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Lehman Brothers employees whose restricted stock units became worthless in the company’s 2008 bankruptcy filing can’t leapfrog ahead of other creditors in the ongoing bankruptcy proceedings, a federal appeals court ruled ( In re: Lehman Bros. Holdings Inc. , 2017 BL 148791, 2d Cir., No. 16-1296-bk, 5/4/17 ).
The restricted stock units—shares of Lehman Brothers that the employees were scheduled to receive after a five-year holding period—qualified as securities they acquired in a purchase, the U.S. Court of Appeals for the Second Circuit held on May 4. As a result, the employees’ claims in bankruptcy must be subordinated to the claims of general creditors, the court ruled, following the reasoning set forth in a 2006 decision involving Enron Corp.'s bankruptcy.
Lehman Brothers’ 2008 bankruptcy filing was the largest in U.S. history. This dispute involves the stock compensation of about 100 employees who asked the bankruptcy court for cash payments reflecting the face value of their restricted stock units. In ruling against the employees, the Second Circuit emphasized that restricted stock units won’t always be treated as securities in bankruptcy proceedings, because the inquiry is “likely to be fact-intensive.”
The ruling is an application of bankruptcy law’s “absolute priority rule,” in which creditors are paid ahead of shareholders in the distribution of a corporation’s assets. In this case, the Lehman restricted stock units qualified as securities—which were due to be paid after creditor claims—because holders of the units had the same “risk and benefit expectations as shareholders,” the court said. Further, unit holders had limited voting rights and received dividends in the form of additional units, the Second Circuit said.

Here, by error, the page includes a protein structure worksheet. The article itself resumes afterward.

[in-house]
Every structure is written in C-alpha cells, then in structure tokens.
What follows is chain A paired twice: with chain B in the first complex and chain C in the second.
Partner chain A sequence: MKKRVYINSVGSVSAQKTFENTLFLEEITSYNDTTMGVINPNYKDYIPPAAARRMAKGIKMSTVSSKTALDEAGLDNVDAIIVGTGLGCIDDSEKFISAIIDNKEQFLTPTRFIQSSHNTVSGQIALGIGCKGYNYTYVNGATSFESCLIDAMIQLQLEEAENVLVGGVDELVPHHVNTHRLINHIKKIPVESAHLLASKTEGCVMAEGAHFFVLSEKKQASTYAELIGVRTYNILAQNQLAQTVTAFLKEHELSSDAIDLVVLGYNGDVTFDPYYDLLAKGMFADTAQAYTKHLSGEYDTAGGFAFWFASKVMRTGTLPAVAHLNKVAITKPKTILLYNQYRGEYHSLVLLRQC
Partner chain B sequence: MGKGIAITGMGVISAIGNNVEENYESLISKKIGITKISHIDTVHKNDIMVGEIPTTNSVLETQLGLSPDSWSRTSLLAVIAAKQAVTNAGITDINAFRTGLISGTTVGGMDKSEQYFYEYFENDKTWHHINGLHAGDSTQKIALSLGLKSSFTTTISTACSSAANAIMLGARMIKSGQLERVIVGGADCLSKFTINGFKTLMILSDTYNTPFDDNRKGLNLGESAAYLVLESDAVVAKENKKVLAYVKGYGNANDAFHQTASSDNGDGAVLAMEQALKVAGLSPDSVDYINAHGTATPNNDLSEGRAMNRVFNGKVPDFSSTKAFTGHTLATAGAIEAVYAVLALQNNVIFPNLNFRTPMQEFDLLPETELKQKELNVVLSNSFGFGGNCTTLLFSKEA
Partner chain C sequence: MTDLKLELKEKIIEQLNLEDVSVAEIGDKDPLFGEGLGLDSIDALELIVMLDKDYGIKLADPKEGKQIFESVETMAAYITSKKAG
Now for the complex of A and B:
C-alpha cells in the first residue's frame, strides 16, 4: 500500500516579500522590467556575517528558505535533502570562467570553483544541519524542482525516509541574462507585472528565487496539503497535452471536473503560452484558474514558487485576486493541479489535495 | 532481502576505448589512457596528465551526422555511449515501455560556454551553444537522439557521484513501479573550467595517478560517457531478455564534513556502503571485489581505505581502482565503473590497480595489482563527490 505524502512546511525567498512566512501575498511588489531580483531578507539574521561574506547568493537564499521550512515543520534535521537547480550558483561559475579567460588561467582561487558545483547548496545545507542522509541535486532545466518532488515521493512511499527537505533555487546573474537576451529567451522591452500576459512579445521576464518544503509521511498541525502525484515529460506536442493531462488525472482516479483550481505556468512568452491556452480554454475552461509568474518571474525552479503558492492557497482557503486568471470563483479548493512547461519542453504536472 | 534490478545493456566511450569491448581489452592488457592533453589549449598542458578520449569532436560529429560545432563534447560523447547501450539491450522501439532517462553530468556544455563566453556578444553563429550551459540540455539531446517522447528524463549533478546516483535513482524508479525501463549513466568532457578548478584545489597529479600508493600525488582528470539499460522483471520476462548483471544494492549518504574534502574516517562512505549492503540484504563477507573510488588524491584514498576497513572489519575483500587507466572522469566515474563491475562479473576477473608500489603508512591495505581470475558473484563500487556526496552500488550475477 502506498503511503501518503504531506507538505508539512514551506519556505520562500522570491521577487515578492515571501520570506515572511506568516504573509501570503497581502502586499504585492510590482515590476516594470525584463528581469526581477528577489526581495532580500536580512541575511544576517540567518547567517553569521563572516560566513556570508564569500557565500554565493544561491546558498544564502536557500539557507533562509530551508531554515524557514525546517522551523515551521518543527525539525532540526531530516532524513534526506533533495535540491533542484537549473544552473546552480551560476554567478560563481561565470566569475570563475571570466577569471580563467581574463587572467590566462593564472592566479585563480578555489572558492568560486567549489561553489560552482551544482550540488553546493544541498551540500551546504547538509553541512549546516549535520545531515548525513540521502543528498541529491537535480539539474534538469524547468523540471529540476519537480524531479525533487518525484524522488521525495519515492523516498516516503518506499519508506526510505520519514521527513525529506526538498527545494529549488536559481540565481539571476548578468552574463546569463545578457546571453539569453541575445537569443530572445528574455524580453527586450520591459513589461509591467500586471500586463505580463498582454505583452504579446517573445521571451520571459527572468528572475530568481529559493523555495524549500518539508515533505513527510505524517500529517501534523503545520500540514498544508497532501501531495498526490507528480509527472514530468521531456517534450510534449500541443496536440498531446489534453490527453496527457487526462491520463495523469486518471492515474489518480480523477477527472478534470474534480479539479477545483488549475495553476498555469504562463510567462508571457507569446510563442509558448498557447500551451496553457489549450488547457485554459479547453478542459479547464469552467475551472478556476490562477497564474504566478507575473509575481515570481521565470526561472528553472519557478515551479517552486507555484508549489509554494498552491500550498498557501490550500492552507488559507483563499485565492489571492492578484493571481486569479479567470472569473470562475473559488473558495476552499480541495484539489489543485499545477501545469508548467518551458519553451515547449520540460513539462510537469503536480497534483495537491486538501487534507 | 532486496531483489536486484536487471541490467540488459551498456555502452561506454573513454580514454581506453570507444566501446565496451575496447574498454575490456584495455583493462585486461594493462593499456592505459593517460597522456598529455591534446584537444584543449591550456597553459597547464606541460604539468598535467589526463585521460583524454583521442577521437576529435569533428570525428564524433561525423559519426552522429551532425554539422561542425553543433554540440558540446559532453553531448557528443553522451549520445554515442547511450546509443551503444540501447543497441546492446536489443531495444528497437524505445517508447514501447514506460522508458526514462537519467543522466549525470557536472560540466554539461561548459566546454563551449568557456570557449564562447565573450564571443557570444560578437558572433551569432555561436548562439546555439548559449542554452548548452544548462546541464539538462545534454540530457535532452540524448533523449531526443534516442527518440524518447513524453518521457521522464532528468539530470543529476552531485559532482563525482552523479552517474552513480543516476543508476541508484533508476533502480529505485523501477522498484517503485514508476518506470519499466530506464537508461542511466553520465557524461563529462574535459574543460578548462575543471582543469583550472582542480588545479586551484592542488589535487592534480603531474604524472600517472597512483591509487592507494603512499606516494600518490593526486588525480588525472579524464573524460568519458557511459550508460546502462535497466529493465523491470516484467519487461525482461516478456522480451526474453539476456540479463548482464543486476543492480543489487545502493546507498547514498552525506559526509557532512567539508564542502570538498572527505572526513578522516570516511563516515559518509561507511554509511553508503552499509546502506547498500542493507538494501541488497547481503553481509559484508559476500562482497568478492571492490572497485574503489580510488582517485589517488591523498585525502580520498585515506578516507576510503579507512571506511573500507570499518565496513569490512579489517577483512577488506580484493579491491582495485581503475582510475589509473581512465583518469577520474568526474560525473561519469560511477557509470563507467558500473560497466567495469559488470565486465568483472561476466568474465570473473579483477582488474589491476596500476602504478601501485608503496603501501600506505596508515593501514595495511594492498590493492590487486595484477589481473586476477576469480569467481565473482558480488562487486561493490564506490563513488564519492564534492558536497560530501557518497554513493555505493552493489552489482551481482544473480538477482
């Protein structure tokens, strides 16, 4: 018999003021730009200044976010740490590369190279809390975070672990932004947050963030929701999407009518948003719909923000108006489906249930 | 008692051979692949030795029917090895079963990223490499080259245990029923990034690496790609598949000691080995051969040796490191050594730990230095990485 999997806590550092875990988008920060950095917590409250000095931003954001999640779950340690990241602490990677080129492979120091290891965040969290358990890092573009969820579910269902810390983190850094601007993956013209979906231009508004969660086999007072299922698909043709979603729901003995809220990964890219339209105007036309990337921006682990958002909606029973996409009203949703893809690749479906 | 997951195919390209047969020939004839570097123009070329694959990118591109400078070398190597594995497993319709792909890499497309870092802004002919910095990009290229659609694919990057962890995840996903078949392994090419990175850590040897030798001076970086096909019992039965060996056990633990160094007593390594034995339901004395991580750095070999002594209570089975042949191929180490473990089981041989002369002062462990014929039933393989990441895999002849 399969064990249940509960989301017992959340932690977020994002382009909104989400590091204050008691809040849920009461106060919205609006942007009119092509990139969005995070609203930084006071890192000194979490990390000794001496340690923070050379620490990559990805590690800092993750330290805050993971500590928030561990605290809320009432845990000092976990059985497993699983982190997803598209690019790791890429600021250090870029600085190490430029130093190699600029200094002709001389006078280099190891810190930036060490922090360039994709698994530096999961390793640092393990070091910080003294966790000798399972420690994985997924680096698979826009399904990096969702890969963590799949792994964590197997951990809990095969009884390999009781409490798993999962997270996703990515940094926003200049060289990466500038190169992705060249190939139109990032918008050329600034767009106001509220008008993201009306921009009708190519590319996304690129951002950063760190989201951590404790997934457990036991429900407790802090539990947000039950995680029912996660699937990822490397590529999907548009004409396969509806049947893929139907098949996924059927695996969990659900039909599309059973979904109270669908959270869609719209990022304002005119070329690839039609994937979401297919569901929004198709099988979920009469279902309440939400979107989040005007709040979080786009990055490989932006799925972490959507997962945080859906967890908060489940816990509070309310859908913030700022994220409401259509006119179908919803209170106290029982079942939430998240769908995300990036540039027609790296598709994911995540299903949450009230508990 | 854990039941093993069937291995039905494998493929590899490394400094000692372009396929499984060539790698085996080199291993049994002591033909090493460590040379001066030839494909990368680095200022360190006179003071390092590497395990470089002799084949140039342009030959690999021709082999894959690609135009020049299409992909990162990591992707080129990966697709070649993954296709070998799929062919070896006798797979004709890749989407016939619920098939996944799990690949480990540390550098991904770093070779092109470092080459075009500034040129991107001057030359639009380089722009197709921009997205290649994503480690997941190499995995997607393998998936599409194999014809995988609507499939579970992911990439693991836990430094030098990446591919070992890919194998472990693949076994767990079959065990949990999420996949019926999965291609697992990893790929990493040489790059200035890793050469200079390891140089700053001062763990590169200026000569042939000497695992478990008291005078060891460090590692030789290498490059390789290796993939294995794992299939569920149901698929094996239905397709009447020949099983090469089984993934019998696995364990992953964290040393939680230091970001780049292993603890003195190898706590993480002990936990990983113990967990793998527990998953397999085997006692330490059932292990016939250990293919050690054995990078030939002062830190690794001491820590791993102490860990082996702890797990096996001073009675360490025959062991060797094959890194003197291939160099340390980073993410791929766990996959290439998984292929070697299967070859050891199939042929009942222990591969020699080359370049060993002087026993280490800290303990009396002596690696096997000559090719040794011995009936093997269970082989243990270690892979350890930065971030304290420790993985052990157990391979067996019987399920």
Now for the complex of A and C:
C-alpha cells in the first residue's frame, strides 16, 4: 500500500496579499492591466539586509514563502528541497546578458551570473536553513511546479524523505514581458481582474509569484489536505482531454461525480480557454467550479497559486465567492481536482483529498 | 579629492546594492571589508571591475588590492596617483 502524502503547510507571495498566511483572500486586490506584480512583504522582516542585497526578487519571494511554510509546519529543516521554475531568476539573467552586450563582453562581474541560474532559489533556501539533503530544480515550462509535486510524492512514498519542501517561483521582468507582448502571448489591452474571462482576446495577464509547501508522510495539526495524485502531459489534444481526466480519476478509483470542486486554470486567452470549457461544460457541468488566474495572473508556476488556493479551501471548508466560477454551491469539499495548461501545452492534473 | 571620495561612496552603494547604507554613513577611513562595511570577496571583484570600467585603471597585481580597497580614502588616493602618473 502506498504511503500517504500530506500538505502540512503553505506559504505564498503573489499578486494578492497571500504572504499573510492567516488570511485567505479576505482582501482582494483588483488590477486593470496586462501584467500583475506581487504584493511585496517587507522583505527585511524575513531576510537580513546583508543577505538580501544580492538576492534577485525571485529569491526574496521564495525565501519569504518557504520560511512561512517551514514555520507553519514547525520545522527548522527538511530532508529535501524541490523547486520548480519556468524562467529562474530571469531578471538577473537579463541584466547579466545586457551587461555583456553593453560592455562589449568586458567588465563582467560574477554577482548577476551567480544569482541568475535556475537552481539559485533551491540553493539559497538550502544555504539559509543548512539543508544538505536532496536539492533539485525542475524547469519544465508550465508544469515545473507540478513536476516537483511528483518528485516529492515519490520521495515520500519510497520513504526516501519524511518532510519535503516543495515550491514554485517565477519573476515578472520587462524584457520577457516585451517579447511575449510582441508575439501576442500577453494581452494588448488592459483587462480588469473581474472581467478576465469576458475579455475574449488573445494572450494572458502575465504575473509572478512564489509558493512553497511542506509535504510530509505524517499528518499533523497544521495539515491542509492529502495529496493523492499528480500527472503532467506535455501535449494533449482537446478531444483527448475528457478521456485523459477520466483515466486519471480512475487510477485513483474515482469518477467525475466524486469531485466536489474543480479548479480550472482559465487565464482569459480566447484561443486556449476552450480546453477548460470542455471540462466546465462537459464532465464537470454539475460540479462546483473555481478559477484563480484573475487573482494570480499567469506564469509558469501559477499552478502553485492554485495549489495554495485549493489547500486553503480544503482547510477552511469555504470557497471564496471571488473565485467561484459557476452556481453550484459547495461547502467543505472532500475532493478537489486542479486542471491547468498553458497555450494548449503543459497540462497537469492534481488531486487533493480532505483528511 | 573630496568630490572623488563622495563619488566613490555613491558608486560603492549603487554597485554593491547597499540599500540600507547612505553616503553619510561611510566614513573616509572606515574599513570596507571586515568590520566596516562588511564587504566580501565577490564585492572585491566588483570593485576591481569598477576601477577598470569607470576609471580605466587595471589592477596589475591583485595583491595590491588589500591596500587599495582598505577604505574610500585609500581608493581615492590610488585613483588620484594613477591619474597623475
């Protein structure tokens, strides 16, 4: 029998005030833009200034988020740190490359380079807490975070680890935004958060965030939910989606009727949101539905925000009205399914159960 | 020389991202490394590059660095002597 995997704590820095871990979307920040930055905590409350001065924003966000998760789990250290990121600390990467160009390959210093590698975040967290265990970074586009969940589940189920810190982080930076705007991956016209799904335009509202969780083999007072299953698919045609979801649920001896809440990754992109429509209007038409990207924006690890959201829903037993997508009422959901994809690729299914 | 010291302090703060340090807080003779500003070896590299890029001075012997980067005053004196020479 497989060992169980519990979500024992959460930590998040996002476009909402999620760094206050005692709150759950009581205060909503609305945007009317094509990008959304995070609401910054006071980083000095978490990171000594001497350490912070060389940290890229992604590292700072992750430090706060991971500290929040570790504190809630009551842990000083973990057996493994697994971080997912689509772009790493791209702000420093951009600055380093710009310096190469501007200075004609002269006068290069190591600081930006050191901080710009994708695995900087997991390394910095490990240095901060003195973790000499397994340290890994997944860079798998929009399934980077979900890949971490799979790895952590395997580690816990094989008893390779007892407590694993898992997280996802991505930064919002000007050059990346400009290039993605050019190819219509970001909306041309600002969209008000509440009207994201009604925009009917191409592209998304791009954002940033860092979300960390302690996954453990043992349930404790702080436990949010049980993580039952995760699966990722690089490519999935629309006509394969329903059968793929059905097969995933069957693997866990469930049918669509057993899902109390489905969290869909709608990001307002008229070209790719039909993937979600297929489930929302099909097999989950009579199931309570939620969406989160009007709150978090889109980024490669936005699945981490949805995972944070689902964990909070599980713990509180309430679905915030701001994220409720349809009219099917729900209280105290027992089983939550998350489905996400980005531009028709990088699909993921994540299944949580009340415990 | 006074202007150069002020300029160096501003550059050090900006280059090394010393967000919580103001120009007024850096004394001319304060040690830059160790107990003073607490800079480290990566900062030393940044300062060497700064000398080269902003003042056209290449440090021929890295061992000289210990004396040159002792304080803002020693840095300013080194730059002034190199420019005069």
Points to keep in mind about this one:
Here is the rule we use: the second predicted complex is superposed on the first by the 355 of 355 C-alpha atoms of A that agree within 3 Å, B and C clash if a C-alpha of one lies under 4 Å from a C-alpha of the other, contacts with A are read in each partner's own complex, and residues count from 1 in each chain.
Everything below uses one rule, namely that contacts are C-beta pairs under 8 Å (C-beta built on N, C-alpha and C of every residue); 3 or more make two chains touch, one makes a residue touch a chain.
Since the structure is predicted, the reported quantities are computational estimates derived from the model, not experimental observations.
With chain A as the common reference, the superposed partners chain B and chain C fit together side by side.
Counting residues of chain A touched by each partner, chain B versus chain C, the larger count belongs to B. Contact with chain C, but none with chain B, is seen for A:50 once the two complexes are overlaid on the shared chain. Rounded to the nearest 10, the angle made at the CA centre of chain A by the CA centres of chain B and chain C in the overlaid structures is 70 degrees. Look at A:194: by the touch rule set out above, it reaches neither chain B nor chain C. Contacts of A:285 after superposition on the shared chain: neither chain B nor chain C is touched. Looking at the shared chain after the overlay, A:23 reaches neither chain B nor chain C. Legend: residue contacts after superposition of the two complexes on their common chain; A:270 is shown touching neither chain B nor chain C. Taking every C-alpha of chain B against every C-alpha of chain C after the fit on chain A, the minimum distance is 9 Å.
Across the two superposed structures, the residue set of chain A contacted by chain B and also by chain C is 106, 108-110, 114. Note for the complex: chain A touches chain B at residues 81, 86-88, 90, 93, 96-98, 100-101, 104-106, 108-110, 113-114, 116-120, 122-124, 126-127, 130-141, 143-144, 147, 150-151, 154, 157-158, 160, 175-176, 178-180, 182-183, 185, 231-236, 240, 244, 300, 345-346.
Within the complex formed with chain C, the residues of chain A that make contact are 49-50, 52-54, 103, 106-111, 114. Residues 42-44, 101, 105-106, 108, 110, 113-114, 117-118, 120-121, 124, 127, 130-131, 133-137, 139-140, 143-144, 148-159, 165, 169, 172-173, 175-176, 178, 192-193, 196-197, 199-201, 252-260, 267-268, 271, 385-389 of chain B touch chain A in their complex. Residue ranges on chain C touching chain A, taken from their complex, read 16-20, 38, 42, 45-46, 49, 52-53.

Moreover, the units were acquired by purchase—as required by the absolute priority rule—because the Lehman employees agreed to receive them in exchange for their labor and in lieu of cash, the court said.
The decision affirms a 2016 ruling by a federal judge in New York.
Senior Judge Robert D. Sack wrote the opinion, which was joined by Judges Dennis Jacobs and Susan L. Carney.
The employees were represented by Stamell & Schager LLP, Law Offices of Lisa M. Solomon, Cohen Clair Lans Greifer Thorpe & Rottenstreich LLP and Kaplan Landau LLP. Lehman was represented by Weil Gotshal & Manges LLP.
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